Dr Aaron Elbourne said antibiotics had revolutionised health since they were discovered 90 years ago but were losing effectiveness due to misuse.
“We’re heading to a post-antibiotic future, where common bacterial infections, minor injuries and routine surgeries could once again become deadly,” Elbourne, a Postdoctoral Fellow in the Nanobiotechnology Laboratory at RMIT, said.
“It’s not enough to reduce antibiotic use, we need to completely rethink how we fight bacterial infections.
“Bacteria are incredibly adaptable and over time they develop defences to the chemicals used in antibiotics, but they have no way of dealing with a physical attack.
“Our method uses precision-engineered liquid metals to physically rip bacteria to shreds and smash through the biofilm where bacteria live and multiply.
“With further development, we hope this technology could be the way to help make antibiotic resistance history.”
Let’s get physical: New way to kill bacteria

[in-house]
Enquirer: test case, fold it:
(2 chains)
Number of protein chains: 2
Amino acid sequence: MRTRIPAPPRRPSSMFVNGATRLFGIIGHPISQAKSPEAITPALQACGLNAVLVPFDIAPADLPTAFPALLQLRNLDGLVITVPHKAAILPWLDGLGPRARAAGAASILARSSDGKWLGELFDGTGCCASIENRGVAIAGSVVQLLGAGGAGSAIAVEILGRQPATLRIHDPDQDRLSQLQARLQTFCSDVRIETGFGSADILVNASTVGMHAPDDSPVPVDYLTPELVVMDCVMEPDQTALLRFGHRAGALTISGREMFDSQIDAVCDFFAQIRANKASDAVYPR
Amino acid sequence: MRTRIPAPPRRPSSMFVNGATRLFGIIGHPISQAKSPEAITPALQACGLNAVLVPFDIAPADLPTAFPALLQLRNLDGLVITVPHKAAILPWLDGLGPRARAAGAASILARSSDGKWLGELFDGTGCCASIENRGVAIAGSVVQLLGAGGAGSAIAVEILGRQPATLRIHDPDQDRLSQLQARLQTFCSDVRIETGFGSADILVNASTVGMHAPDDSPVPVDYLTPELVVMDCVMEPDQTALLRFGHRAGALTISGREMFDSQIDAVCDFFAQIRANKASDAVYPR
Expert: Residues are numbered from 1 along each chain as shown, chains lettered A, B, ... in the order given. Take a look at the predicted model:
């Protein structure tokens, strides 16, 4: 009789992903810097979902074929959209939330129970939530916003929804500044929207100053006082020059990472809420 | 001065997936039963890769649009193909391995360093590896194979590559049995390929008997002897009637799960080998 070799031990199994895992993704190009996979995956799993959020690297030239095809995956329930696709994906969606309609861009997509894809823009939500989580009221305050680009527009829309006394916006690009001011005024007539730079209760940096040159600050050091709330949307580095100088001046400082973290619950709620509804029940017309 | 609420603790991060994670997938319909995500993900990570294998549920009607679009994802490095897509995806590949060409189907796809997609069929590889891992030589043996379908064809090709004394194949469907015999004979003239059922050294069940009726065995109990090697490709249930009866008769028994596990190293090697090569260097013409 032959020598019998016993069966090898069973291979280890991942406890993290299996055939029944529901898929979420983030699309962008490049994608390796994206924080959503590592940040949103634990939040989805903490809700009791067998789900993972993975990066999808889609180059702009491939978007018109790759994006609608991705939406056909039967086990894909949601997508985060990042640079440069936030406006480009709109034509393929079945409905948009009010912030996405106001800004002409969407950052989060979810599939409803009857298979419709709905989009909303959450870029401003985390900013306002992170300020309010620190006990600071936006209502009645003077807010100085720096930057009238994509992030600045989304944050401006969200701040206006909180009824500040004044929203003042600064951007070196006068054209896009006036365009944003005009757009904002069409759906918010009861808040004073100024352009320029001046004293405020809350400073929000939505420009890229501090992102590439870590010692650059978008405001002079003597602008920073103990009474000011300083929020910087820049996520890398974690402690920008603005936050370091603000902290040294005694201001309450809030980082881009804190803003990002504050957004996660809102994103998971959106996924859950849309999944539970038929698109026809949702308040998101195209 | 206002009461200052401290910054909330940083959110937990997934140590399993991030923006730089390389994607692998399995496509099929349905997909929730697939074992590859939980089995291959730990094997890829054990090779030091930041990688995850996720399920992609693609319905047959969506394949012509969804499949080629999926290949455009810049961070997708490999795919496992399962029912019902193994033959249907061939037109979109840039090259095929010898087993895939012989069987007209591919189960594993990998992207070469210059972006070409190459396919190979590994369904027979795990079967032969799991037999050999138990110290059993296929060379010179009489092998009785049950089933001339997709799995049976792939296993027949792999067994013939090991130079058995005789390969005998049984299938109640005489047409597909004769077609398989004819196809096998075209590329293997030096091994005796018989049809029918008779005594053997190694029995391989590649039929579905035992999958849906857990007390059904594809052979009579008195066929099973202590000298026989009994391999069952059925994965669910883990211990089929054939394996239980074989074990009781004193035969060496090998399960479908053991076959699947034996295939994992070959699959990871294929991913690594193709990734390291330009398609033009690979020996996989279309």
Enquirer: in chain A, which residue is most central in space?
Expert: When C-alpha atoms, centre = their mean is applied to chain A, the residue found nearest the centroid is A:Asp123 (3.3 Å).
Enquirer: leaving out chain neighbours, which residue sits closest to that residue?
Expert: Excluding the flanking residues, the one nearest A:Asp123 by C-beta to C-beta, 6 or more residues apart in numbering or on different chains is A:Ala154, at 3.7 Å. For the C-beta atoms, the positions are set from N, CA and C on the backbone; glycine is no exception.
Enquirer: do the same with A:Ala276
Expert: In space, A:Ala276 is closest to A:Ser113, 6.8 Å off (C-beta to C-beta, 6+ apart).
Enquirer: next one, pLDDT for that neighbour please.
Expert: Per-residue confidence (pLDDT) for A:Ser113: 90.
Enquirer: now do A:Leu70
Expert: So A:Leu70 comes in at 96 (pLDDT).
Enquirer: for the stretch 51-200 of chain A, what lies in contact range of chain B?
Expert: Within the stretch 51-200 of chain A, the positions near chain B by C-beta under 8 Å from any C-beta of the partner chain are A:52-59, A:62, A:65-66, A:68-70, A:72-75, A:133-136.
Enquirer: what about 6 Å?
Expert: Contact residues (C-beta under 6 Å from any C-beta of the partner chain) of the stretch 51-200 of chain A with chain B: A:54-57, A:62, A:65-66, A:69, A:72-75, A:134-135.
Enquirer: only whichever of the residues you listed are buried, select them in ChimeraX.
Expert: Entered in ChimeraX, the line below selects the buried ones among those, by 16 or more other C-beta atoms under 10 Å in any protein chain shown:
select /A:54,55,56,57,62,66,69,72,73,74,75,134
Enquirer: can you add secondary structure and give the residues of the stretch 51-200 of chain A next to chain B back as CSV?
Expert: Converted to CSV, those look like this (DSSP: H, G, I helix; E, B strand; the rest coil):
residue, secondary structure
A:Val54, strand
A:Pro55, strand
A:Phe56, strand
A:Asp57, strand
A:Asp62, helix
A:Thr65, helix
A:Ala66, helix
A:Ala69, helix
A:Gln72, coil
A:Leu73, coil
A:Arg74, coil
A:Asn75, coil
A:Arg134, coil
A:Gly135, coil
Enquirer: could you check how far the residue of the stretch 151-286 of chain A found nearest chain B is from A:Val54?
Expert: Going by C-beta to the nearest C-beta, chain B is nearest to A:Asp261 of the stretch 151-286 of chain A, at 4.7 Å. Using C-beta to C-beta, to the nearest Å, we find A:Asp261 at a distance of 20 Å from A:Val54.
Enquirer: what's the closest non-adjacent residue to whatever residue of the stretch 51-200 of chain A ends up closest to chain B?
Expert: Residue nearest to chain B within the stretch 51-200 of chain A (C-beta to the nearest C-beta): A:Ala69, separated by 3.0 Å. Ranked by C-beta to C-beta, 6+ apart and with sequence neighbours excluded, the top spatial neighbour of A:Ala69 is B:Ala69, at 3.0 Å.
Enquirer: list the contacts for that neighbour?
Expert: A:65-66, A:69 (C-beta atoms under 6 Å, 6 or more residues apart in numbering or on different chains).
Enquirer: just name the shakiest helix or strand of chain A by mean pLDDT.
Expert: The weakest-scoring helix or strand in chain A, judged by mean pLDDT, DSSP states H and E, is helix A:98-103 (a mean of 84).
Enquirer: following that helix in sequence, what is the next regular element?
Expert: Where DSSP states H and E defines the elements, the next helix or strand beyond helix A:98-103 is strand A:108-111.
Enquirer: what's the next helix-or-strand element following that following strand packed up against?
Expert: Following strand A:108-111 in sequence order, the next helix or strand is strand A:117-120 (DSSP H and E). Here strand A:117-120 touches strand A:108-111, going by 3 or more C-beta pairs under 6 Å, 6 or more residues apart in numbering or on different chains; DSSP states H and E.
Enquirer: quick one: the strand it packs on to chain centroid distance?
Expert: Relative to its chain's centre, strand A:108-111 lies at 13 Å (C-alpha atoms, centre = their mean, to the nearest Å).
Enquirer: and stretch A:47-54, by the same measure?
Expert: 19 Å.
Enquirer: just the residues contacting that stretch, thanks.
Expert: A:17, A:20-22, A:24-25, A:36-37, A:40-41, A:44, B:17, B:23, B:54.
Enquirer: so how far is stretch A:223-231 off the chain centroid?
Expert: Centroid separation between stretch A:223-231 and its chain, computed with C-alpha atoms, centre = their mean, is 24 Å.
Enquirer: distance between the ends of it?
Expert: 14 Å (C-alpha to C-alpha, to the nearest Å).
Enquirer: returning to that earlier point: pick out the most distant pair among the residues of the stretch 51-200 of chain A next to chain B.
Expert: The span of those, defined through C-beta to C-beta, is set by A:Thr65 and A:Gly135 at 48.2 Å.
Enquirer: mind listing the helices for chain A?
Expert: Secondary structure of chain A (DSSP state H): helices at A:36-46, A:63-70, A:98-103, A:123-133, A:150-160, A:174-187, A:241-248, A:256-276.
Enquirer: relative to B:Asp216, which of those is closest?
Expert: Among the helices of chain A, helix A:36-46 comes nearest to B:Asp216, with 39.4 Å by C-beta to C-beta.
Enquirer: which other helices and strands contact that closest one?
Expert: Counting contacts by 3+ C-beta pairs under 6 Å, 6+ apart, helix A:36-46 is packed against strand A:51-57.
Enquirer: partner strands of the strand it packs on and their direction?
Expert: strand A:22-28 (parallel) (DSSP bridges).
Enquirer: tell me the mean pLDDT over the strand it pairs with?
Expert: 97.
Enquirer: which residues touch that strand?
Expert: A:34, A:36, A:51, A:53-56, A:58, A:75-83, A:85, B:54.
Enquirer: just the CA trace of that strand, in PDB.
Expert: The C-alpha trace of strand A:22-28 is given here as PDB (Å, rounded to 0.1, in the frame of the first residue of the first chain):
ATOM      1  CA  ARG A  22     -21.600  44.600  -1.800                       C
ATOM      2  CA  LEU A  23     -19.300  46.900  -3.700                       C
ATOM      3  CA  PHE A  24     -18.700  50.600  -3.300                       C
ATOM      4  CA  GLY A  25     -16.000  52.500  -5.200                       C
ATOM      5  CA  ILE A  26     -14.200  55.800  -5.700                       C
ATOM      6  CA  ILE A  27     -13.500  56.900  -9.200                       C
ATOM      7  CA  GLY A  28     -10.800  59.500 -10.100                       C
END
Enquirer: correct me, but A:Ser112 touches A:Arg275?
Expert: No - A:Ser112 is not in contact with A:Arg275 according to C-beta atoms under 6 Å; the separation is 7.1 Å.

The RMIT team behind the technology is the only group in the world investigating the antibacterial potential of magnetic liquid metal nanoparticles.
When exposed to a low-intensity magnetic field, these nano-sized droplets change shape and develop sharp edges
When the droplets are placed in contact with a bacterial biofilm, their movements and nano-sharp edges break down the biofilm and physically rupture the bacterial cells.
In the new study, the team tested the effectiveness of the technology against two types of bacterial biofilms (Gram-positive and Gram-negative).
After 90 minutes of exposure to the liquid metal nanoparticles, both biofilms were destroyed and 99% of the bacteria were dead. Importantly, laboratory tests showed the bacteria-destroying droplets did not affect human cells.